On the 3Oth of January 1995 I was interdicted by the I.G.P. Frank Silva on charges against me pertaining to 1994 North and East Local Government Elections. To prove my innocence, I possess evidence, documentary and otherwise.
Over this unjustifiable interdiction, I filed a submission in Supreme Courts on Fundamental Rights (SC Case No.68/95). The Supreme Court decision was that my interdiction was illegal and thereby the Chairman, P.S.C. and the I.G.P. were ordered to reinstate me with immediate effect. Thereafter, I was reinstated by the P.S.C on 02.06.1995.
Despite the Supreme Court decision, I was sent on compulsory leave by the Chairman P.S.C.. with effect from 13.10.1995, based on the same charges aforesaid. Immediately after placing me on compulsory leave, my parental home at Kalagedihena and my residence in Colombo 5 were searched by the Police, reportedly on instruction's, of certain persons. The searches were carried out without adducind any resons for same and in my absence.
While I was on compulsory leave, a letter was received by me on 01.01.96 from the P.S.C. through I.G.P. that I ha"e been interdictec with immediate effect. Upto date, the cause for same is not known. Together with the interdiction order, I have been ordered not to enter any premises belonging to the Police Department. The reasons fo same are yet unknown.
As ordered by the Supreme Court, the I.G.P. had to provide me with Police security from 08.03.1995, as there were serious threats to my life. But, from 19.03.1996, the I.G.P. had withdrawn my guard wiithout any reason for same whatsoever. I understand that, thereafter the two constables who provided me with security had been taken to the C.I.D. and questioned to get more information about me. They are reported to have been highly harassed and wilfully humiliated at the time of interrogation.
It is quite evident that relentless afforts are being made to mphcate the Leader of the ()pposition, Honourable Ranil Wickremesinghe, thereby making me an instrument to help in the abolishment of his civic rights. False statements are being given against me to implicatt the Honourable Leader of the Opposition.
Now it is high time for me, in the interest of my safety to resort to a preventive move to hide.
I am sad to mention herein that I have become the only Senior Police Officer in the country who is harassed so much unnecessarily, after having done so much loyal and dedicated service as a polic officer over a period of 25 years.
I have no alternative but to go 'under-ground' in order that I may safeguard myself from the monstrous planning and scheming surreptitiously levelled against me.
Thanking Your Excellency for promoting me step up to new expeditions in life.
Douglas Pelds, 03.07.1996
(Senior Supdt. of Police on Interdiction)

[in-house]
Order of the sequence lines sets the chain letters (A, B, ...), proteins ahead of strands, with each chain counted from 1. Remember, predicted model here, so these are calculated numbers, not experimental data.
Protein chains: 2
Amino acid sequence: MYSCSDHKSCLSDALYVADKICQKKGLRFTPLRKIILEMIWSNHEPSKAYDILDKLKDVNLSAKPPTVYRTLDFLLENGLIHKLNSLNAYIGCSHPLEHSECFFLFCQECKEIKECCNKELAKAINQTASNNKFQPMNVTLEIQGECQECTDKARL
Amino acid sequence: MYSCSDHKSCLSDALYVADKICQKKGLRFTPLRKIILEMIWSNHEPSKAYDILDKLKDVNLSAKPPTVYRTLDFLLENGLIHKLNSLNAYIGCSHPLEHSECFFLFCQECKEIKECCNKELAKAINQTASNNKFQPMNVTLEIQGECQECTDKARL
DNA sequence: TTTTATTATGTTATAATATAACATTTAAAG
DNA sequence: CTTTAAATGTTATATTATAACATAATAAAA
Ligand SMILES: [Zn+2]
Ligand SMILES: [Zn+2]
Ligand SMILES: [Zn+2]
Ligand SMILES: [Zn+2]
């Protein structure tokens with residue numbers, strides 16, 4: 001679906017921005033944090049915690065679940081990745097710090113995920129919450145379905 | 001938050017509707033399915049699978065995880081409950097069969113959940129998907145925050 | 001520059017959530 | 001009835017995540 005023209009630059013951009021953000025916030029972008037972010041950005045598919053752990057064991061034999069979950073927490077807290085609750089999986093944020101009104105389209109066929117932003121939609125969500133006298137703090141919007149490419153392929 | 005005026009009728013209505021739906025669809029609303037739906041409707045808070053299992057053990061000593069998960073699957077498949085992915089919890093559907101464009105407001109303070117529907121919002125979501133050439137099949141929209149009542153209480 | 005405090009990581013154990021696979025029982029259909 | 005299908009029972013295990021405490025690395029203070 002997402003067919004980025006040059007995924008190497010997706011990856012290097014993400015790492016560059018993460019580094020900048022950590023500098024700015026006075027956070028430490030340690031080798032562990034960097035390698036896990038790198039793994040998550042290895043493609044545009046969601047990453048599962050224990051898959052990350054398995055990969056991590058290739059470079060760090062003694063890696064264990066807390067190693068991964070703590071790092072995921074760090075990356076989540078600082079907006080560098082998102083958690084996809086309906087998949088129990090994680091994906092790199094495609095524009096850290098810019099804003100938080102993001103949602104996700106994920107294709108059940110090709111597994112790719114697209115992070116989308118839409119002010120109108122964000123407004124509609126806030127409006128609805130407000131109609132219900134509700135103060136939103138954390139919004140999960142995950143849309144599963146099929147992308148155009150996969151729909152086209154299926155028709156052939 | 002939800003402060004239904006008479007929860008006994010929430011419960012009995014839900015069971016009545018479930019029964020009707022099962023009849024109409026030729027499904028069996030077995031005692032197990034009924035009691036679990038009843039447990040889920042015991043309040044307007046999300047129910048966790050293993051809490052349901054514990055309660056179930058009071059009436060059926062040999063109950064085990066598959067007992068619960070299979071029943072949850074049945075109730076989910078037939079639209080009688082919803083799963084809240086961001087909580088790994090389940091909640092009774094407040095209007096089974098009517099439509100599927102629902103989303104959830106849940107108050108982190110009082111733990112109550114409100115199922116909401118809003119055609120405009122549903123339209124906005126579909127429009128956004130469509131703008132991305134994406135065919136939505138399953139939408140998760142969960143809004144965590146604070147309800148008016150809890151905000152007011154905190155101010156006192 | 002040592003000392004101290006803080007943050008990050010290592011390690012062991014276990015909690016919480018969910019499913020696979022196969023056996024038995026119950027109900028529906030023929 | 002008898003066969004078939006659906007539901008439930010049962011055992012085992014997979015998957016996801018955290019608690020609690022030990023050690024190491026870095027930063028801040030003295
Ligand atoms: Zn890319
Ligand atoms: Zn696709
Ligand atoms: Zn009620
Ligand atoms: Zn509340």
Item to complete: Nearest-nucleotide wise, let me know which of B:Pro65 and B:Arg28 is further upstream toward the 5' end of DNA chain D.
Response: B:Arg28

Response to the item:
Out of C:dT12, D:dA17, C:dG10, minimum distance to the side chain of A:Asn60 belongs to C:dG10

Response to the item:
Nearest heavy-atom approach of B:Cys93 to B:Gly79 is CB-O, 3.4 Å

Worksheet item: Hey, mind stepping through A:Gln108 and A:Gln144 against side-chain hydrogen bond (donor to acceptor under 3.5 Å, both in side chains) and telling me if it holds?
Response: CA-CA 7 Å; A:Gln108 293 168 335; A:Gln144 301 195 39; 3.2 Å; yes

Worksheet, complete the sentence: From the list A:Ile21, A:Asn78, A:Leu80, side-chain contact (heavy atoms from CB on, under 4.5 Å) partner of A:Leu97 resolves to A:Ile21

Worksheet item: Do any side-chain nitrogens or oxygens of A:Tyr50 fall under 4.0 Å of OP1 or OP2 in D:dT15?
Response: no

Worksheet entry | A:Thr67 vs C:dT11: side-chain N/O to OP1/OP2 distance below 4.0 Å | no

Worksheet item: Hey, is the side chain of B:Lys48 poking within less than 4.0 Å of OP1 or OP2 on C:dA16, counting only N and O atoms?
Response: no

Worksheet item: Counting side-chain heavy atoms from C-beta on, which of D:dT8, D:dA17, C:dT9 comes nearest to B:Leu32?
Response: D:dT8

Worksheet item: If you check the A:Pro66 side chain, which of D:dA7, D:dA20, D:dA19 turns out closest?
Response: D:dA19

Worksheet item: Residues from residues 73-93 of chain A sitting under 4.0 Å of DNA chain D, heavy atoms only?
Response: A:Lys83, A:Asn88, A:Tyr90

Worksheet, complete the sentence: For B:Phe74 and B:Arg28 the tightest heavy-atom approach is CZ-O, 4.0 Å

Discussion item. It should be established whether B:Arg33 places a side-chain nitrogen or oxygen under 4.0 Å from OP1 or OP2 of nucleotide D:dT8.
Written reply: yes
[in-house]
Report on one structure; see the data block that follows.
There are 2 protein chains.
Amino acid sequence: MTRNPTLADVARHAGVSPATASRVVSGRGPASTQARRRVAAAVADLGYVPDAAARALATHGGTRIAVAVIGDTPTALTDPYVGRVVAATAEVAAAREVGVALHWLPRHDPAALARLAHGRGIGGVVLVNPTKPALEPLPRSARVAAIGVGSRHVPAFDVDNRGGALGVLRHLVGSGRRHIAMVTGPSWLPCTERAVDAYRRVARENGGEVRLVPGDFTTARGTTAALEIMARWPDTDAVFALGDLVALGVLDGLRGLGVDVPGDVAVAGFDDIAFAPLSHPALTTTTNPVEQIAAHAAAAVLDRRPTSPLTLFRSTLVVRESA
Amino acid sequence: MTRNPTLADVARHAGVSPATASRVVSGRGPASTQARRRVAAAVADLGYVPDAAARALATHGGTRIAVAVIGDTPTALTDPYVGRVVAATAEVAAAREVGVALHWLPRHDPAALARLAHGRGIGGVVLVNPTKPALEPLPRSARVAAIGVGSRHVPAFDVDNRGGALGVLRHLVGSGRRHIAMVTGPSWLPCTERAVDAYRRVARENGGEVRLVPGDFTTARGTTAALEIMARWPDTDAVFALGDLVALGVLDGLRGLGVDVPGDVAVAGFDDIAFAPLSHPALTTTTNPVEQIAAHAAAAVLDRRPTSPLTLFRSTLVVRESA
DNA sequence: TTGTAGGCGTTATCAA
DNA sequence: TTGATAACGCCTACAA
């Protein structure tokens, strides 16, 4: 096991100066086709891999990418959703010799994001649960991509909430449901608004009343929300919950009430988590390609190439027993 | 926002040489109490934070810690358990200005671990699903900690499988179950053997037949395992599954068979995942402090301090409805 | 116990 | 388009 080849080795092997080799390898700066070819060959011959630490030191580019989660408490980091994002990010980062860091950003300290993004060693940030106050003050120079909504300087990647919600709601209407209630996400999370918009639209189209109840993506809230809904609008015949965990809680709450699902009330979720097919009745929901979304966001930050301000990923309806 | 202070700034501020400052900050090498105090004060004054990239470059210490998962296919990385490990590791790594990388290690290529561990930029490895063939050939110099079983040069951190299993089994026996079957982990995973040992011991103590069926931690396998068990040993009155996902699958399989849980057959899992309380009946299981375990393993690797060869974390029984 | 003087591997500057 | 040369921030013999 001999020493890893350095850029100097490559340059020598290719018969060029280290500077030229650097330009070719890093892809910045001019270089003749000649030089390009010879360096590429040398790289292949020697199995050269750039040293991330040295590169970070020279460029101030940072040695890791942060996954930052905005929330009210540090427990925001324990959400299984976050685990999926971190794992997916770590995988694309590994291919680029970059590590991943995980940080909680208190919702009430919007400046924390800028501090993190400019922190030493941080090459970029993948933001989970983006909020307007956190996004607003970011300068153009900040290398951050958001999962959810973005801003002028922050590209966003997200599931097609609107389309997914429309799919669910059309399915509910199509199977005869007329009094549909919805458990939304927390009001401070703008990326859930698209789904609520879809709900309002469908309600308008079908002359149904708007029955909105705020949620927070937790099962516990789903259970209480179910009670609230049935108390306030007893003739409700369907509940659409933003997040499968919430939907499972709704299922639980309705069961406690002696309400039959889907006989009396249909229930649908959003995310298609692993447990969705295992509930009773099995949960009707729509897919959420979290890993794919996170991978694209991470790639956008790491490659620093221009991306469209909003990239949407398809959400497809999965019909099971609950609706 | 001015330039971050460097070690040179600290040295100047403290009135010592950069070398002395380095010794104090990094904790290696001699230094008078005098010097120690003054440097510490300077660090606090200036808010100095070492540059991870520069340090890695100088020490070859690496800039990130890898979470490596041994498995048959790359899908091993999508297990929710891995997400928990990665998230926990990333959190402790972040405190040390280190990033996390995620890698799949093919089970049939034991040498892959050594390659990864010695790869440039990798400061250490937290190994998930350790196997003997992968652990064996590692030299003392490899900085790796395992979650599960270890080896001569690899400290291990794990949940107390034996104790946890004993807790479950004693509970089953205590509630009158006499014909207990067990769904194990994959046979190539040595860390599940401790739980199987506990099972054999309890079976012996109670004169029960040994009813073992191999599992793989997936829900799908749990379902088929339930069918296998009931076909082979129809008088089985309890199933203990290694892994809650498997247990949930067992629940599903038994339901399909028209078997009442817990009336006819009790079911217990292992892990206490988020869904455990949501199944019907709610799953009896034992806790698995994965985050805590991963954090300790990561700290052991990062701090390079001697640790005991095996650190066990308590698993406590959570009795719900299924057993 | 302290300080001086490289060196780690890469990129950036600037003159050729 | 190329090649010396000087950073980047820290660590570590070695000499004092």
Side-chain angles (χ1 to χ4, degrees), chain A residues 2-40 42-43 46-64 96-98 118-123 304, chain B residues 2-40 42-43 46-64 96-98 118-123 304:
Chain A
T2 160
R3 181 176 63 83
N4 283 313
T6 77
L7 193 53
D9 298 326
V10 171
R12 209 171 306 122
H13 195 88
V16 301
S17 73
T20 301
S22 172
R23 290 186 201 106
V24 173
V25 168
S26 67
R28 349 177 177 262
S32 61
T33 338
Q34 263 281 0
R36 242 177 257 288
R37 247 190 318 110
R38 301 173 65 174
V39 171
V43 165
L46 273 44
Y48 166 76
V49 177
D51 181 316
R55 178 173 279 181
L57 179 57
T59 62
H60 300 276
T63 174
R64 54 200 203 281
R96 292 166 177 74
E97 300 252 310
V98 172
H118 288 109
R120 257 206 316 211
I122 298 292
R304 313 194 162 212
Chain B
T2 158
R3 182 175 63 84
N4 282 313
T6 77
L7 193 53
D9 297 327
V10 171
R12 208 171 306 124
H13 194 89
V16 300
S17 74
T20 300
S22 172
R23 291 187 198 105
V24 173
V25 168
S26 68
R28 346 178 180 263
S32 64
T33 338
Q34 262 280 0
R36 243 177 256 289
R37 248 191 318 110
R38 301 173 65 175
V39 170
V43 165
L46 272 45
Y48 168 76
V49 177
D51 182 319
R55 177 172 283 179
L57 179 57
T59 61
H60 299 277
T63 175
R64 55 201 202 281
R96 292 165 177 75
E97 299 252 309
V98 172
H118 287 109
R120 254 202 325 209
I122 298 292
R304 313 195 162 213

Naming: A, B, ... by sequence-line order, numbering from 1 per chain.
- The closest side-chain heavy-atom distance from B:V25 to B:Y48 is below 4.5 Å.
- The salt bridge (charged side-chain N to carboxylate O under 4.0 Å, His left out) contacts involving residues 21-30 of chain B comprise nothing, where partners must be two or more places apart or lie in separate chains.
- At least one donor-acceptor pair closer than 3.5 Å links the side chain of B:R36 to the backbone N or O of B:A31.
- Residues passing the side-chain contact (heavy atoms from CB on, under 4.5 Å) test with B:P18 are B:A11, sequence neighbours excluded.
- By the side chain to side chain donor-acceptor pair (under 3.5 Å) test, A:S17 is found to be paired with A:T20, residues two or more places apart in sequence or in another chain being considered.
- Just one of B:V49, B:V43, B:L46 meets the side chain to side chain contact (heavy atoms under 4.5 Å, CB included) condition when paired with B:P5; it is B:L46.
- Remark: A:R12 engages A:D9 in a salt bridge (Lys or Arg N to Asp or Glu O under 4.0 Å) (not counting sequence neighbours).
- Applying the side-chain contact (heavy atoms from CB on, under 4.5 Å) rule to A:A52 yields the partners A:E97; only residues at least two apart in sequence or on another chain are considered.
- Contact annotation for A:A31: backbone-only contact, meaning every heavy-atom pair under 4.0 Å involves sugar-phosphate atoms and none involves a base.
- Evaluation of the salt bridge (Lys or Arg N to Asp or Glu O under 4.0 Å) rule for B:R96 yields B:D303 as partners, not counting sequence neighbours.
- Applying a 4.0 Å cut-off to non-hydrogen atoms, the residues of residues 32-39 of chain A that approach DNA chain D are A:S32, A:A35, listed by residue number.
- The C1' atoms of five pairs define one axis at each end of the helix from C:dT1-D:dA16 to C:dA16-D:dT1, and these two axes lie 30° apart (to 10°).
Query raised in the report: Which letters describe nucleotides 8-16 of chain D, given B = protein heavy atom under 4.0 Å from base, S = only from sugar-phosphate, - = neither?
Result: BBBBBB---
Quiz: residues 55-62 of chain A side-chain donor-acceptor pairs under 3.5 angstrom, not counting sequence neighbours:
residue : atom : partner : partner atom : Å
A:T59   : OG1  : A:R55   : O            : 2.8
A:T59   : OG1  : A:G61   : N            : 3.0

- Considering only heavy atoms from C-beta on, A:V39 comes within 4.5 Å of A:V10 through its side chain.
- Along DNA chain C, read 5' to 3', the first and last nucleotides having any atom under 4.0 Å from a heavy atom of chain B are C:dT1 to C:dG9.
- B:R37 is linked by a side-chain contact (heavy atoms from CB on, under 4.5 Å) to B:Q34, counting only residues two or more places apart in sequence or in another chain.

(Certain parts of this letter have been deletetl on legal grounds)
While the Government is busy with UNP politicos and Senior Police Officers in the Batalanda affair, the UNP is planning a massive anti-government rally at Hyde Park tomorrow.
Parents of the missing soldiers from Mullaidvu are also likely to be present at this meeting.
The UNP is planning a big show in Colombo tomorrow unless government moves to interrupl it by using the emergency regulations.
Political observers view this as a major step towards challeng the government focusing on it's weaknesses and faults within the first two years. Meanwhile the government appears to be concern over the UNP's ability to whip up public criticism.
But there are various problems developing In the UNP. One is among Muslim members. Some Muslim MPs are reportedly searching for a new Muslim leadership In the UNP.
In a related development, several Muslim politicos in the UNP met for dinner at the residence of Abdul Cader Hadjiar, In Colpetty recently. They discussed their posItion In the UNP.
These Muslim MPs and businessmen felt that the present leadership in the UNP was not effective. They wanted a new leadership.
Among the Muslim MPs psesent were A.HM. Azwer, Intiaz Bakeer Markar, Kabir Haskim and M.E.H. Mahroof.
Muslim leaders lIke A.C.S. Hameed and M.H. Mohamed were not invited for this meeting.
As the meeting was in progress, Mr. Hadjiar, told the group he felt there was nobody to take the leadership of the Muslim community supporting the UNP.
He claimed he had spent nearly 10 million Rupees annually for party activities and he felt he was suitable to lead Muillms in the UNP.
Others observed that the present Muslim leaders are ageging and there was need for a new leader.
A.H.M. Azwer and Imtiaz Bakeer Markar expressed support for Mr. Cader.
The group also expressed the view that Abdul Cader and Imtiaz Bakeer Markar should be elevated to Cabinet ranks in a future UNP government.